Wondering what a simit is? It's time to explore the history and main types of this popular Turkish snack.
The history of making simit goes back to the Ottoman period, when Turkish simits took the place of honor at the tables of rulers. The sultans regarded a ring-shaped bread cake sprinkled with sesame as a valuable and luxurious food item. Bagels also served as a token of recognition to the sultans and were presented to the palace guards as gifts. It is an indispensable part of Ramadan tables. Thanks to its simple composition and method of preparation, simit quickly gained popularity among all social strata and reached the tables of peasants and craftsmen. Today, almost all Turks eat #simit regardless of their social status and culinary taste. In addition, Turkish bagels have become a kind of symbol and an important element of Turkish culture.
Simit is nothing but a Turkish bagel generously sprinkled with sesame seeds. The name of the snack comes from the Turkish word "simithane", which means the composition of flour.
Bagels are a #Turkish staple and can be found at almost any bakery or street vendor, offering exciting ways to serve pretzels using a large lifting tray. With the convenience of eating, you can enjoy snacks both at home and while traveling. Most of the time, Turkish bagel consumption is accompanied by Turkish tea, or alternatively, Turkish coffee. Despite its great popularity and various ways of serving, the bagel has retained its original taste and shape.
Simit's popularity exploded in Turkey in the 1990s when it was constantly seen on the street. There are currently bakery chains that offer a variety of bagels. You can try different versions of popular snacks such as cheese and tomatoes at these places.
Regardless of the additions, there are three main types of simit that is not spelled out in Turkey: Taş simit (baked like bread), pan bagel (baked in a pan), and cauldron bagel (traditionally sprinkled with sesame seeds). The second version of simit, divided into smaller portions, is very often served in Turkish hotels.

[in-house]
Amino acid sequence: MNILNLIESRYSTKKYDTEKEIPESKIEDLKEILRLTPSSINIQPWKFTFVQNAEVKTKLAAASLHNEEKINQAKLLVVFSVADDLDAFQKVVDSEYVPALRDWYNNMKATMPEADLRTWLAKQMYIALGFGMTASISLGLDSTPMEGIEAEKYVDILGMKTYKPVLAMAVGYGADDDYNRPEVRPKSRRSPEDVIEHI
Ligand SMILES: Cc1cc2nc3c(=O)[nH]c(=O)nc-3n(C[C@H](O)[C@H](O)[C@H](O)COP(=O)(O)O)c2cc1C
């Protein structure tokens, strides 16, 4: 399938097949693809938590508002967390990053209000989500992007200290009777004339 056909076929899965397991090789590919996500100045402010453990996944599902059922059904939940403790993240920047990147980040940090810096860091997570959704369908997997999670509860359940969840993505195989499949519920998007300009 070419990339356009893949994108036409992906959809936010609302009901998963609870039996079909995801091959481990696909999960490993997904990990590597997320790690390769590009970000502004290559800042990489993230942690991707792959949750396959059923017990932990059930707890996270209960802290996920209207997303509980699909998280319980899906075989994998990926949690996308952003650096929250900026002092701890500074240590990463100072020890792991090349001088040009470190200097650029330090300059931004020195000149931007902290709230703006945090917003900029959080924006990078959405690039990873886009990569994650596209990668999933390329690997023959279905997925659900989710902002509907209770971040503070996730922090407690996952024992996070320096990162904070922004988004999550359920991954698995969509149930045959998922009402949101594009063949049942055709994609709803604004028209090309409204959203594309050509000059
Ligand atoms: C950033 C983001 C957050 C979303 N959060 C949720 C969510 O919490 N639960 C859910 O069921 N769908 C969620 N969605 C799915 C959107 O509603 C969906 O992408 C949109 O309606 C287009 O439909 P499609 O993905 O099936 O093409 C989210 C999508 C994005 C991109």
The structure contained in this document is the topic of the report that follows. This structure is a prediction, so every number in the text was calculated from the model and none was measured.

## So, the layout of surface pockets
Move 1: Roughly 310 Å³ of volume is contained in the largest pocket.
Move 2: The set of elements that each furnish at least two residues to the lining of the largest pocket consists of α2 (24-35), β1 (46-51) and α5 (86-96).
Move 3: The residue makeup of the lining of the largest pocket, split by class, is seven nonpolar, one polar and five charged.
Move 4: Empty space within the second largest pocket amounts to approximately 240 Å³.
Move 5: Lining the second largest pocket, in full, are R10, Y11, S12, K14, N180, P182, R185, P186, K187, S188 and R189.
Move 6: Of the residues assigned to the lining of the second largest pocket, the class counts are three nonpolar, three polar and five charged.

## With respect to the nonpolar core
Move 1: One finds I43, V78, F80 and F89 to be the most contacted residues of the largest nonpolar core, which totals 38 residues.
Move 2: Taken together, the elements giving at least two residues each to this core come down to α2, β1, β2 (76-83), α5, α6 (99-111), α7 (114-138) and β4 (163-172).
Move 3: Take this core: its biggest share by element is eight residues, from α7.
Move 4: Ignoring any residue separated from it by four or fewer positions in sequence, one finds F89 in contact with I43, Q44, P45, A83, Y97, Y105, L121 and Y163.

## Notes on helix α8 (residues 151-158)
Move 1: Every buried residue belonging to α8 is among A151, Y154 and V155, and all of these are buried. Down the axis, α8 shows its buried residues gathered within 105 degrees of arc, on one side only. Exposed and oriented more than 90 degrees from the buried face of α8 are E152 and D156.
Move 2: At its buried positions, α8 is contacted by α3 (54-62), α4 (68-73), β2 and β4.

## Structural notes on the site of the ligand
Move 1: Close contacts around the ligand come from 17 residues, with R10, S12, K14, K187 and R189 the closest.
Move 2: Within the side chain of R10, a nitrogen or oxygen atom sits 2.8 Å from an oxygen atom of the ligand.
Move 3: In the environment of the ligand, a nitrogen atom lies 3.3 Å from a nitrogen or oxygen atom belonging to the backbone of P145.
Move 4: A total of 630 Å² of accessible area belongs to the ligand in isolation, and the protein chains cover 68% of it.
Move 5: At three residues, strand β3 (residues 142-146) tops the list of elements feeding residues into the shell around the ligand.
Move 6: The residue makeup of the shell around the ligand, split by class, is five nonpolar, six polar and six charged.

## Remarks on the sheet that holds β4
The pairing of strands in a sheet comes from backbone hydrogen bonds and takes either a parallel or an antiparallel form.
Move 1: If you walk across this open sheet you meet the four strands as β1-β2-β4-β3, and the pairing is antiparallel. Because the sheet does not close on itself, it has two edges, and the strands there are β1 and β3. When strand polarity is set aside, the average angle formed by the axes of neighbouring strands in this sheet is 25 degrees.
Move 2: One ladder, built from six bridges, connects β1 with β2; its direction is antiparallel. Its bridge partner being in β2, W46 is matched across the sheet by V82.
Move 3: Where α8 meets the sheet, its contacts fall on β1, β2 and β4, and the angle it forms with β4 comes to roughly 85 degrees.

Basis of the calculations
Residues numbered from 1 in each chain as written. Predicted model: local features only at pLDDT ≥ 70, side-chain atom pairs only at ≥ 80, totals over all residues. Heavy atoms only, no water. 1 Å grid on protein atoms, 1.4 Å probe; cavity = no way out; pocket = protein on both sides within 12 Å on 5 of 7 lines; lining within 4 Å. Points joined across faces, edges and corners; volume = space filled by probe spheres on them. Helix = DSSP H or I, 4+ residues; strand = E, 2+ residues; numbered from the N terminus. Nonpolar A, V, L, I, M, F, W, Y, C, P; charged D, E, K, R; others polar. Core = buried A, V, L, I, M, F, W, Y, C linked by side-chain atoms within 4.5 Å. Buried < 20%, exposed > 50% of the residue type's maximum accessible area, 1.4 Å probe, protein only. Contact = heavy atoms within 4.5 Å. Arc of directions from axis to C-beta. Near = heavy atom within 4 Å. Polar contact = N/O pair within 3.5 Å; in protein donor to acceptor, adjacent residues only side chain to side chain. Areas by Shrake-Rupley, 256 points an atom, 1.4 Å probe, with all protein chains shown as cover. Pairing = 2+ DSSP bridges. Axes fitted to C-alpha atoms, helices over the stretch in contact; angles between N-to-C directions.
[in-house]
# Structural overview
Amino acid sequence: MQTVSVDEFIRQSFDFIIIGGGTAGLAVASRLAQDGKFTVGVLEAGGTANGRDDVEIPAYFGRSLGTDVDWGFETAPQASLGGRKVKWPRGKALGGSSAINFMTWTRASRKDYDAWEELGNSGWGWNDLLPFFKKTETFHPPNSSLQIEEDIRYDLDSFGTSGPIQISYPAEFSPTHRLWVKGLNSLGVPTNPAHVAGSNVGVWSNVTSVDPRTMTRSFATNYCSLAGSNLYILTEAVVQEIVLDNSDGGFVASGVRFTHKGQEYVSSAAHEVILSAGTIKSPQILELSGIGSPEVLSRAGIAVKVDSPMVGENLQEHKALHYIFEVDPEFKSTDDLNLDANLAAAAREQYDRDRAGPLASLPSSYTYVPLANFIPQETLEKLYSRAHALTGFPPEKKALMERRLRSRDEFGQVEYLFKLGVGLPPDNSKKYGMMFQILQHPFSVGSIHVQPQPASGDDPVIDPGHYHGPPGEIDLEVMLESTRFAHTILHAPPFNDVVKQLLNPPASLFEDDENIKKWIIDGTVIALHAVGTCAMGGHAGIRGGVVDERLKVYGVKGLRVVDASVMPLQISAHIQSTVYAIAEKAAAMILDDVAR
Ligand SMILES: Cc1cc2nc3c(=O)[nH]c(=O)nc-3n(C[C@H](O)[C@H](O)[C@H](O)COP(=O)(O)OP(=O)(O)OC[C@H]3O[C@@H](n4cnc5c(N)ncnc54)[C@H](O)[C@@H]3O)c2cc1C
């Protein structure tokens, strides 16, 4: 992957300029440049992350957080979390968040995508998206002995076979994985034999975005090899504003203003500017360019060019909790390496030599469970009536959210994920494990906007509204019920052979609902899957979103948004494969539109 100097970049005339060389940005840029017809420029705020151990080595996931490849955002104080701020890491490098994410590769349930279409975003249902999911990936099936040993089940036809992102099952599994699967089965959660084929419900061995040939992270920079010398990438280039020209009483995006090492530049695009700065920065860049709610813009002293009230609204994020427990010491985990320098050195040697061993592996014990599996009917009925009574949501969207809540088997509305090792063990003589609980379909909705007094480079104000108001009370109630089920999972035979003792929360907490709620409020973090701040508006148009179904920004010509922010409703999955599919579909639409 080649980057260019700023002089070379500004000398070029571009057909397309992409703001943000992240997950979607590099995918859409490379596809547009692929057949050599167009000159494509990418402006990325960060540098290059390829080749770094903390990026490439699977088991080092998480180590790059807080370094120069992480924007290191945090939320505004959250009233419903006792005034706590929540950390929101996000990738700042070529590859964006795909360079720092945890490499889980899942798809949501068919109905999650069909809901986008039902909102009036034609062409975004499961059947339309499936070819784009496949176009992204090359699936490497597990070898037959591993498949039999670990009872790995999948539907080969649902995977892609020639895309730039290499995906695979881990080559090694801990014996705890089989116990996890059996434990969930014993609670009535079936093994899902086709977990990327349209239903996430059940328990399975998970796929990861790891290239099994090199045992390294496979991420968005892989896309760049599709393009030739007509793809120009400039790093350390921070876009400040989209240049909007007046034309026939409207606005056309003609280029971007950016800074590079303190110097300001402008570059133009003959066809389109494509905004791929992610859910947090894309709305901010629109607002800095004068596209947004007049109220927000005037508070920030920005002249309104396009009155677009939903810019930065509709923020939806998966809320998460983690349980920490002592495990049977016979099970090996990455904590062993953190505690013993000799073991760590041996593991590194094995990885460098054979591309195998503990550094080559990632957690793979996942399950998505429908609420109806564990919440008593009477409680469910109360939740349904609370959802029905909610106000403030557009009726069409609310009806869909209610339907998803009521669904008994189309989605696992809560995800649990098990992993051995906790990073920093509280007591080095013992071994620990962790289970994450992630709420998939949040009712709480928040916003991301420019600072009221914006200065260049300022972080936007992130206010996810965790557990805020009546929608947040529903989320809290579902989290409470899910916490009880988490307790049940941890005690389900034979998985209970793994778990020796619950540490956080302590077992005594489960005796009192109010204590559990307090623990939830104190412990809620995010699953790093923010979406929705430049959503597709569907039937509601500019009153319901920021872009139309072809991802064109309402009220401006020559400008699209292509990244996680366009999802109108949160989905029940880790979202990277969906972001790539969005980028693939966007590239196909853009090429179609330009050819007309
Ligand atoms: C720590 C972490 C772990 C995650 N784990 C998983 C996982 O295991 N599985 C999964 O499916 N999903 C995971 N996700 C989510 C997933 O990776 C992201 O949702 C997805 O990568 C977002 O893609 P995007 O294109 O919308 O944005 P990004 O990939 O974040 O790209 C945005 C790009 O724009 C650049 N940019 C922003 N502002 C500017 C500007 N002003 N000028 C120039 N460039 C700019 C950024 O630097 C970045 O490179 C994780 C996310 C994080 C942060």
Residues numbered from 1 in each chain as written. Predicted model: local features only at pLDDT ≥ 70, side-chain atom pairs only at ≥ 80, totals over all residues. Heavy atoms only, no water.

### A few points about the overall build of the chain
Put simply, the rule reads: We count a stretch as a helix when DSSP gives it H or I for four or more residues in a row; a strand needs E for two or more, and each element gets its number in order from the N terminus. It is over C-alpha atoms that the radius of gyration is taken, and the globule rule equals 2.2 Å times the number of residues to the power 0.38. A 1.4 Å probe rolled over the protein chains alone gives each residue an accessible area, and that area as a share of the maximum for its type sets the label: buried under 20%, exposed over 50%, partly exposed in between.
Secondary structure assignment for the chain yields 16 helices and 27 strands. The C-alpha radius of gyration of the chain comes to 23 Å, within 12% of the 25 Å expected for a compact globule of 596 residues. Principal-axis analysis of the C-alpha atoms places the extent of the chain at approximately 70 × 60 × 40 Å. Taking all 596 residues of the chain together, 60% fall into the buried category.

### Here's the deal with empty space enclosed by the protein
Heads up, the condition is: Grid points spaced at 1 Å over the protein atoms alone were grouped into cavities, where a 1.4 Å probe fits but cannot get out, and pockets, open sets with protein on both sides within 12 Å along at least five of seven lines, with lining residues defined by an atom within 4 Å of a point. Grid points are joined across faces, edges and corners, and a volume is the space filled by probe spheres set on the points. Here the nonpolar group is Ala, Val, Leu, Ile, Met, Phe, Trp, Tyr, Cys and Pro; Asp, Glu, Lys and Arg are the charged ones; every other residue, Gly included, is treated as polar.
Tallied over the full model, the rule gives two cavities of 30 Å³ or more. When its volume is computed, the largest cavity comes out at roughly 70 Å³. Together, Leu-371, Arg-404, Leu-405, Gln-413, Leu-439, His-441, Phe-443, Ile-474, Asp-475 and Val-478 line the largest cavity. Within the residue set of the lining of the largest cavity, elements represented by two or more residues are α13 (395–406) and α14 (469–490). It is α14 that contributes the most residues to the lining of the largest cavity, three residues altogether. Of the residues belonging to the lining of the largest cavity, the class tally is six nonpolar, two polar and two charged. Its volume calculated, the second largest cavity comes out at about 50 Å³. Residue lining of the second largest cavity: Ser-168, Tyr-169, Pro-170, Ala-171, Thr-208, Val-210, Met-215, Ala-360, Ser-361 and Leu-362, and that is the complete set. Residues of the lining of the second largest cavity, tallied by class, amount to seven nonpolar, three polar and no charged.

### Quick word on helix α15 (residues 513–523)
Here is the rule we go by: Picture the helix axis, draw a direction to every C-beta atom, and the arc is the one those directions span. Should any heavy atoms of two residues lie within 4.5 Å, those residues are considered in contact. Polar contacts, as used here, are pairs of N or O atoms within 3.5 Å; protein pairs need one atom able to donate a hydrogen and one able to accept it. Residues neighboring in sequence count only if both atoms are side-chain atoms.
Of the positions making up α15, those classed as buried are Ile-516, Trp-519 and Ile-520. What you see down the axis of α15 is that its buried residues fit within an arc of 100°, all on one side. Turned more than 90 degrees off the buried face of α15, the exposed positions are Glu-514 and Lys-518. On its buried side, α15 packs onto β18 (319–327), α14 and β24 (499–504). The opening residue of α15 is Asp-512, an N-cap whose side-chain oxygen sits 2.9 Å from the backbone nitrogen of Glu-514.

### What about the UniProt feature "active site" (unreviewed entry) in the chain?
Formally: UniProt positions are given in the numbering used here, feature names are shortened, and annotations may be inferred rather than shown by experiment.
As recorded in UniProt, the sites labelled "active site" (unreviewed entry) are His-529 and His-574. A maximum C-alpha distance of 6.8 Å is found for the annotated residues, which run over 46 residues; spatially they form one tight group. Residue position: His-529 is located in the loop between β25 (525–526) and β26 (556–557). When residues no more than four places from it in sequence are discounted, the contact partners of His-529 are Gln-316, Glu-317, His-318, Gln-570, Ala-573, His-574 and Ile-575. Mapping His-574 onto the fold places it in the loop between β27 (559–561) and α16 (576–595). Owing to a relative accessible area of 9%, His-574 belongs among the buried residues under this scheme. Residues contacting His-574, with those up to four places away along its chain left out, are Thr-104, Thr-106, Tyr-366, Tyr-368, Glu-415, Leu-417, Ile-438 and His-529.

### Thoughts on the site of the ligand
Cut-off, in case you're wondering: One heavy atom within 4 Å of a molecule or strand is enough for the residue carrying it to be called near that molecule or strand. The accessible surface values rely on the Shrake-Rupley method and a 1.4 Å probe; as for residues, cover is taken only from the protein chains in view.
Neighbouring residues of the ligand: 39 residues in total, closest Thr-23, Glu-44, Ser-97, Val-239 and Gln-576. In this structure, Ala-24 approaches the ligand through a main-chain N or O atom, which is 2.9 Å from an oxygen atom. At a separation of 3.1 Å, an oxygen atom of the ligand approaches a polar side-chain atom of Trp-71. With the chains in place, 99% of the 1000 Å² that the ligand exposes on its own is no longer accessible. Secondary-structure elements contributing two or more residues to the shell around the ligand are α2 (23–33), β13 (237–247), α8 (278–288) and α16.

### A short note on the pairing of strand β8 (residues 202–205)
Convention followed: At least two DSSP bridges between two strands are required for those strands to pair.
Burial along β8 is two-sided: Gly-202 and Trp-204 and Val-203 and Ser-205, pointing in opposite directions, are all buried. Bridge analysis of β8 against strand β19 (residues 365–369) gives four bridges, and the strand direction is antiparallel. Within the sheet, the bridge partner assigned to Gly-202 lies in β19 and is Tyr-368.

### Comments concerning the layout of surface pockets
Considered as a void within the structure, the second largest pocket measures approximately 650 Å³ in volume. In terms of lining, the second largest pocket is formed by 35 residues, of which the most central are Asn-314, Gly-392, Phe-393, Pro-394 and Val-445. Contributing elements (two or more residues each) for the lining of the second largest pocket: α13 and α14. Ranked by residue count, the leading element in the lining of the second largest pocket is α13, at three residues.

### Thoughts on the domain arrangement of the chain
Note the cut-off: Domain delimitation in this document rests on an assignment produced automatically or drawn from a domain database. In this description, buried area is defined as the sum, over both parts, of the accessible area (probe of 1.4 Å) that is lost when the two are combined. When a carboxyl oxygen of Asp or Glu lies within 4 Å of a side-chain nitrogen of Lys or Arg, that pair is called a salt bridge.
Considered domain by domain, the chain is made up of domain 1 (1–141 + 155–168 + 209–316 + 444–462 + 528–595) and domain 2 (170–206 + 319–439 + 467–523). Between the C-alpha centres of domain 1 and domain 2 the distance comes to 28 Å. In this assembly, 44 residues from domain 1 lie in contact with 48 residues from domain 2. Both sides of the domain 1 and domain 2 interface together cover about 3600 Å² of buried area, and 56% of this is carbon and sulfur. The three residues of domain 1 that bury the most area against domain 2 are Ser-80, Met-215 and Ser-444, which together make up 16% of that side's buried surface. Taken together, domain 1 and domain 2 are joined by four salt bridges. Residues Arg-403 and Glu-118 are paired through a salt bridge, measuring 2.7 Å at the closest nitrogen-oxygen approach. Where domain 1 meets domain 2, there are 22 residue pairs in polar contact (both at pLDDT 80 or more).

Bagels, tea and the ferry are important elements of the Istanbul landscape. Istanbul is where passenger ferries cross the Bosphorus, and bagels are an indispensable element of these fascinating journeys from Asia to Europe. On this ferry, there is at least one bagel shop and passengers who enjoy the taste of simit and the aroma of tea are never missing. However, Turkish bagels are often bought by the Turks to feed the seagulls soaring on the deck of the steamers. All you have to do is raise the simit into the air to attract the white flock of birds that love this flavor as much as the Turks.
Making homemade bagels is very easy. It is baked in the oven like any other bread. You can easily buy molasses from supermarkets or world cuisine stores. This gives the bagels a certain dark color. You can trade honey for stubborn molasses, but it is molasses that will have the most satisfying final effect. Before cooking the simit, it is sprinkled with sesame seeds. You can also find poppy versions, but the sesame bagel is the most popular.
In Turkey, Simit is usually eaten for breakfast with typical additions to this cuisine, namely fresh vegetables (cucumbers, peppers, tomatoes), olives, cheese, olive oil and, in the dessert version, honey, jam or jams.